One final reason could be that the flats and lights are fast download and bias and darks are slow download. I'll try to take all as slow download and see how it works.

    OK, I think I finally nailed it. Took flats and lights at 4MHz last night. Here is the unaligned stack:

    And here is the properly aligned image:

    No stripes - only annoying gradients. But I know how to deal with them...

    So, only slow (4MHz) downloads and calibrate with bias at the same ambient temperature. It took me a little to find out how to set 4MHz as the default download speed in TheSkyX - turns out I have to create an equipment profile and then this setting is stored (and to get access to equipment profiles I had to update TheSkyX to the latest version).

    For easier processing, I wrote myself a quick python script that adds the ambient temperature to the filename:

    import os
    import glob
    import pyfits

    for i in glob.glob('*.fit'):
      if os.path.splitext(i)[0][-1] <> 'C':
        fit_file = pyfits.open(i)
        new_name = os.path.splitext(i)[0] + ' ' + str(fit_file[0].header["FOCTEMP"]) + 'C' + os.path.splitext(i)[1]
        os.rename(i, new_name)
        print i + " renamed to " + new_name

    ... and now back to imaging - hurra!

    Friday, October 3, 2014

    Using my Nikon D7000 (again)

    I decided to use my Nikon D7000 for astro imaging again:
    1. For images where I don't need to use long exposures, e.g. the moon (in preparation for the lunar eclipse in October!)
    2. To mount the Nikon on top of the scope to take wide angle images while imaging with my CCD cameras.
    First, I had to dig out my Shoestring DSUBS adapter (long time ago that I used that). I could mount it well on my dovetail on top of the scope. Then I had to figure out (again) how to connect it. First I tried with DSLR Shutter (that's what I used MANY months ago, i.e. it should work). I could connect, but it didn't trigger the shutter. Found this post on the shoestring forum that explains it:
    1. Plug in the box to the computer, then the other cable from the box to your camera.
    2. Set DSLR Shutter to use the DSUSB if it doesn't automatically find it, then under the file menu select "AF during exposure (Nikon D200)", trust me on this one.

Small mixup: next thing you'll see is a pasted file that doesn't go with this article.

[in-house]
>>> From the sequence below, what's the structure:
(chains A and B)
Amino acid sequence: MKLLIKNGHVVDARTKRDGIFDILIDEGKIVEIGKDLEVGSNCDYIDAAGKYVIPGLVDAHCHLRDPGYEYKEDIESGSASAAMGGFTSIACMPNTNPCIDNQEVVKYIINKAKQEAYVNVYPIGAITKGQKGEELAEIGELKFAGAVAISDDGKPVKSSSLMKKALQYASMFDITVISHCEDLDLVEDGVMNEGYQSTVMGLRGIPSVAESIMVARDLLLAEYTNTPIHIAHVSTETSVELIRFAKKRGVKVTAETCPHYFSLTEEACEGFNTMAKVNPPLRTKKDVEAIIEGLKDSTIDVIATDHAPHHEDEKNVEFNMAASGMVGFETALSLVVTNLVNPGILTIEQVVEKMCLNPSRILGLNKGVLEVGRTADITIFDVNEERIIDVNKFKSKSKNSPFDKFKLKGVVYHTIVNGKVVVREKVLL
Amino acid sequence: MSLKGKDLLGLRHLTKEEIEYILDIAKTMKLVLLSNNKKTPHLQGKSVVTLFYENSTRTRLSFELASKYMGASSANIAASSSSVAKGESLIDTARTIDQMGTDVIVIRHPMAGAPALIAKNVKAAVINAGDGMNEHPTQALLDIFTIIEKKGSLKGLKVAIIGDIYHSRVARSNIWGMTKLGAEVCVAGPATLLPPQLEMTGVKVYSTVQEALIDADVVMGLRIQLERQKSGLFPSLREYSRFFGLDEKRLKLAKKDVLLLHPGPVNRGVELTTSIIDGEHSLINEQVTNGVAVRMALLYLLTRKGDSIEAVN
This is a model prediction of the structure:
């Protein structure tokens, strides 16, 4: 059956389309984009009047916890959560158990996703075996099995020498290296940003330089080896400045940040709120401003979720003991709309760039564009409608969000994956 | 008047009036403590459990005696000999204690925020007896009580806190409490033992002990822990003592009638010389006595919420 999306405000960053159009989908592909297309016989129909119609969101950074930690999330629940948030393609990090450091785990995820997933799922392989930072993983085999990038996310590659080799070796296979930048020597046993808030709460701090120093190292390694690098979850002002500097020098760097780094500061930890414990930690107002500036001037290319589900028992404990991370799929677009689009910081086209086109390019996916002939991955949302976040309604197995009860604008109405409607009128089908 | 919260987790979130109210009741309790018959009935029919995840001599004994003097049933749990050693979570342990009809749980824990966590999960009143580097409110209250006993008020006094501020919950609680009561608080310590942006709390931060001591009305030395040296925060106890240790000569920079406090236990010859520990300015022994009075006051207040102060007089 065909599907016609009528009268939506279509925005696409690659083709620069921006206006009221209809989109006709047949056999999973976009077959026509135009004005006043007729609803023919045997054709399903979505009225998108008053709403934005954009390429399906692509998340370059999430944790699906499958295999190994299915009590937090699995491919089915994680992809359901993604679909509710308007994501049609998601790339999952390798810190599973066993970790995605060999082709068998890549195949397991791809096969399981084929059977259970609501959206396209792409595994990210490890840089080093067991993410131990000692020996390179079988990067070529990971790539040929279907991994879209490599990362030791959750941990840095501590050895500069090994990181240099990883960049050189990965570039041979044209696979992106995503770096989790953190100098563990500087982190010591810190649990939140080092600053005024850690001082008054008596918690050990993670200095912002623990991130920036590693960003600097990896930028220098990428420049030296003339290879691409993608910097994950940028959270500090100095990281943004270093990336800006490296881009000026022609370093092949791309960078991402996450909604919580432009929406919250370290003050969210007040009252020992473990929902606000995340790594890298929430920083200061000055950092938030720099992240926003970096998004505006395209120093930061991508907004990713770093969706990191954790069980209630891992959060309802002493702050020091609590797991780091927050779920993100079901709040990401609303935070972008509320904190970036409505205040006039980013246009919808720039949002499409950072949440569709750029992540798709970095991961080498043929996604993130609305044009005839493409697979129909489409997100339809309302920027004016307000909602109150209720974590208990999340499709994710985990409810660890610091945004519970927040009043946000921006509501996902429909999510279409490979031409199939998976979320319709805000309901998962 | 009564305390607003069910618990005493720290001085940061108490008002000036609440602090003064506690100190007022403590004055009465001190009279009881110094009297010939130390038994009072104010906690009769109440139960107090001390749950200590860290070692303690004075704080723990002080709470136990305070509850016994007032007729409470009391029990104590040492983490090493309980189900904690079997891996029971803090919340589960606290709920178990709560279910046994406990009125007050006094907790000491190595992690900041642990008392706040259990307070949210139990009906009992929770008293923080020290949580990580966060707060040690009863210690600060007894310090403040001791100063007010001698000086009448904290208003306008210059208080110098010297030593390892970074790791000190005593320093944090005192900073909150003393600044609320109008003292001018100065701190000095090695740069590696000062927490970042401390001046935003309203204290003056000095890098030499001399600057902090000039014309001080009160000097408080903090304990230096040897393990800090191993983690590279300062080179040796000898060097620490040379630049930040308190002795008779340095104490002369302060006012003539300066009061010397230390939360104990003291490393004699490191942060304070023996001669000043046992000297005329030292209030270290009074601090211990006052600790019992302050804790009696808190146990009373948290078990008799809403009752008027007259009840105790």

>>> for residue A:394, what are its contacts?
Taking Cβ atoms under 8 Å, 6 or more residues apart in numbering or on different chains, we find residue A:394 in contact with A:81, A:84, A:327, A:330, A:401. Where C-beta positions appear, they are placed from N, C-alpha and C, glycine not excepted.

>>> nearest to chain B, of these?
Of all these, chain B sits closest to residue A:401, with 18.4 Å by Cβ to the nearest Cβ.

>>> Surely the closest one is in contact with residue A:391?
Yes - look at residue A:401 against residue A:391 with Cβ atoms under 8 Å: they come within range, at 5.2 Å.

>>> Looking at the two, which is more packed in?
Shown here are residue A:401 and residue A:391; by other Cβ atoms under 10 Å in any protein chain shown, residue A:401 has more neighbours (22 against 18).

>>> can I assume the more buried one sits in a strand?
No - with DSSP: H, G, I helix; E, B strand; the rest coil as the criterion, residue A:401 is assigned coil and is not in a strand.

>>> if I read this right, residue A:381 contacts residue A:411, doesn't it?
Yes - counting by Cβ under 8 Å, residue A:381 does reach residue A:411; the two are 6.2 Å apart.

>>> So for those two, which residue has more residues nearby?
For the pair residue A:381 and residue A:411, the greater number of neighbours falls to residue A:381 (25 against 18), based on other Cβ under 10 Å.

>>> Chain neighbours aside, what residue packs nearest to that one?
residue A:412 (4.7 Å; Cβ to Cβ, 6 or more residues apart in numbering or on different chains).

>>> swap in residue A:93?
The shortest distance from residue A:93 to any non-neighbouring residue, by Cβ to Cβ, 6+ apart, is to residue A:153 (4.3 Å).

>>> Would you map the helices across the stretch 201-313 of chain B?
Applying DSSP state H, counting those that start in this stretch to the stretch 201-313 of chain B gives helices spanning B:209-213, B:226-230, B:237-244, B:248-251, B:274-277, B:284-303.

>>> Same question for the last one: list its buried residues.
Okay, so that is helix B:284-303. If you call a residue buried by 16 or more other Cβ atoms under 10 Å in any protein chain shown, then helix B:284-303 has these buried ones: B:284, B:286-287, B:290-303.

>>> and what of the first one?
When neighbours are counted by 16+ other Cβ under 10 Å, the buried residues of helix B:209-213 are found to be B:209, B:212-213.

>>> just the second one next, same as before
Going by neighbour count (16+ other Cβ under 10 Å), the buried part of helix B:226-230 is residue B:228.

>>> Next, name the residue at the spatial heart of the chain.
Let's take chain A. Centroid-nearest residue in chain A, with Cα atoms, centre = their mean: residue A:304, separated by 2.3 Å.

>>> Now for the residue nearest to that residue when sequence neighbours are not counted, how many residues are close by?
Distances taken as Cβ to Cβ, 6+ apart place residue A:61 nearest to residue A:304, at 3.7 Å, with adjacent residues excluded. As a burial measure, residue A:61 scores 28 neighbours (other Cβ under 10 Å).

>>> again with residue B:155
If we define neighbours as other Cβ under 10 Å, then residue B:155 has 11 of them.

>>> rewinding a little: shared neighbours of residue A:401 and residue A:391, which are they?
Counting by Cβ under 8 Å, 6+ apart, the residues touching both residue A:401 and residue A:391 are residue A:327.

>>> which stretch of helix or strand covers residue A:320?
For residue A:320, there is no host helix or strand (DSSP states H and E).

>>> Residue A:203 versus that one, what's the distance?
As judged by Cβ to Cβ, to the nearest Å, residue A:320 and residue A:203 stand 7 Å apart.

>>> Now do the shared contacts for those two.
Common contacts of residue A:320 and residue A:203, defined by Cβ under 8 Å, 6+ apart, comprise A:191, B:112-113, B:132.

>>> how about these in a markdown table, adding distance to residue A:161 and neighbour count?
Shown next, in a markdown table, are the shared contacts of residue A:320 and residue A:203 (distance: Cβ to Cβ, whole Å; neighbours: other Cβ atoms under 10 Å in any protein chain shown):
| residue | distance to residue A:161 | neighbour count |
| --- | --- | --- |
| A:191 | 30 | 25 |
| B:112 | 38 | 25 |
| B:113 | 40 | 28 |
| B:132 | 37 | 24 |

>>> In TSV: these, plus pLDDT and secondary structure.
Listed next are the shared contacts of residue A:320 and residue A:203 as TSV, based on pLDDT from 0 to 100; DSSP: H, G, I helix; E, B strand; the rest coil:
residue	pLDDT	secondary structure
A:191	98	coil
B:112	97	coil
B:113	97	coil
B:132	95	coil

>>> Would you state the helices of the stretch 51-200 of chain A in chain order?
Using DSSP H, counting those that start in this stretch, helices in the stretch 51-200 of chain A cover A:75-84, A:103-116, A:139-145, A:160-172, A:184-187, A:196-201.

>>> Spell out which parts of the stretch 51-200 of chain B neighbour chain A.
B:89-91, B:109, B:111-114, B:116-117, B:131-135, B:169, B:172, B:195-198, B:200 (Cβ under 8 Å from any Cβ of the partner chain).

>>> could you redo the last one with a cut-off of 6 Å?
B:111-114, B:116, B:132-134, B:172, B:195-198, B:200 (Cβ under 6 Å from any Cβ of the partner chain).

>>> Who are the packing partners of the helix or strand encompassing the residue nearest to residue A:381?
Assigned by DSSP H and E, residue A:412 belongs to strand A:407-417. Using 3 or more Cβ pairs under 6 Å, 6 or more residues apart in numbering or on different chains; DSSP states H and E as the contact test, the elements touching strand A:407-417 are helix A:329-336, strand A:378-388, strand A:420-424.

3. If you want to use the mirror lockup feature (why wouldn't you?) make sure that is checked on the main DSLR Shutter screen.
    4. Set your D7000 for M mode (top left dial), then Mup mode (dial just below the top left dial), then rotate the top rear thumb dial until you see BULB, lastly make sure you move the focus selector to M (left front of the camera near the bottom).
    With that it worked - including the mirror lockup feature. Yei! But then I realized that I can't do subsecond exposures with DSLR Shutter. So, it would work for long term exposures but not for the moon :-(

    For imaging simultaneously with the Nikon and a CCD camera, I ordered a Camera mount from ADM. I will put it also on top of the Losmandy dovetail - right over mount, so that the additional weight does not impact guiding accuracy.


    For imaging through the scope, I needed a new adapter from preciseparts to go from the 92mm Takahashi thread to a t-thread. Luckily I noticed just before ordering it, that the Nikon camera is not flat and that the 92mm size barrel would not fit if it's too snug. So, I dug out some of my t extensions and ordered a slightly shorter adapter. With that, the camera fit perfectly.

    Then I tried to connect to it from SGPro. First attempts didn't work. At some point, I read the error message which said that I should remove the SD card ... and with that, I could connect. Tried to take an image: SGPro triggered the exposure correctly. But then hung when it tried to download the image. I tried various things (all image settings, <30 second exposures with native exposure and >30 sec exposures with bulb) - always the same result. Asked for help on the SGPro forum.

    Next, I checked if I could use TheSkyX - but it can only connect to Canon DSLR cameras.

    Finally, I dug out Nikon Camera Control Pro. But it only showed a "No camera was detected" error message when I tried to connect. Looked around and found tons of complaints. But nobody seemed to have a good solution...

    One post pointed to ControlMyNikon - tried that one. After some trial and testing, I got it to work! Including Live View!!!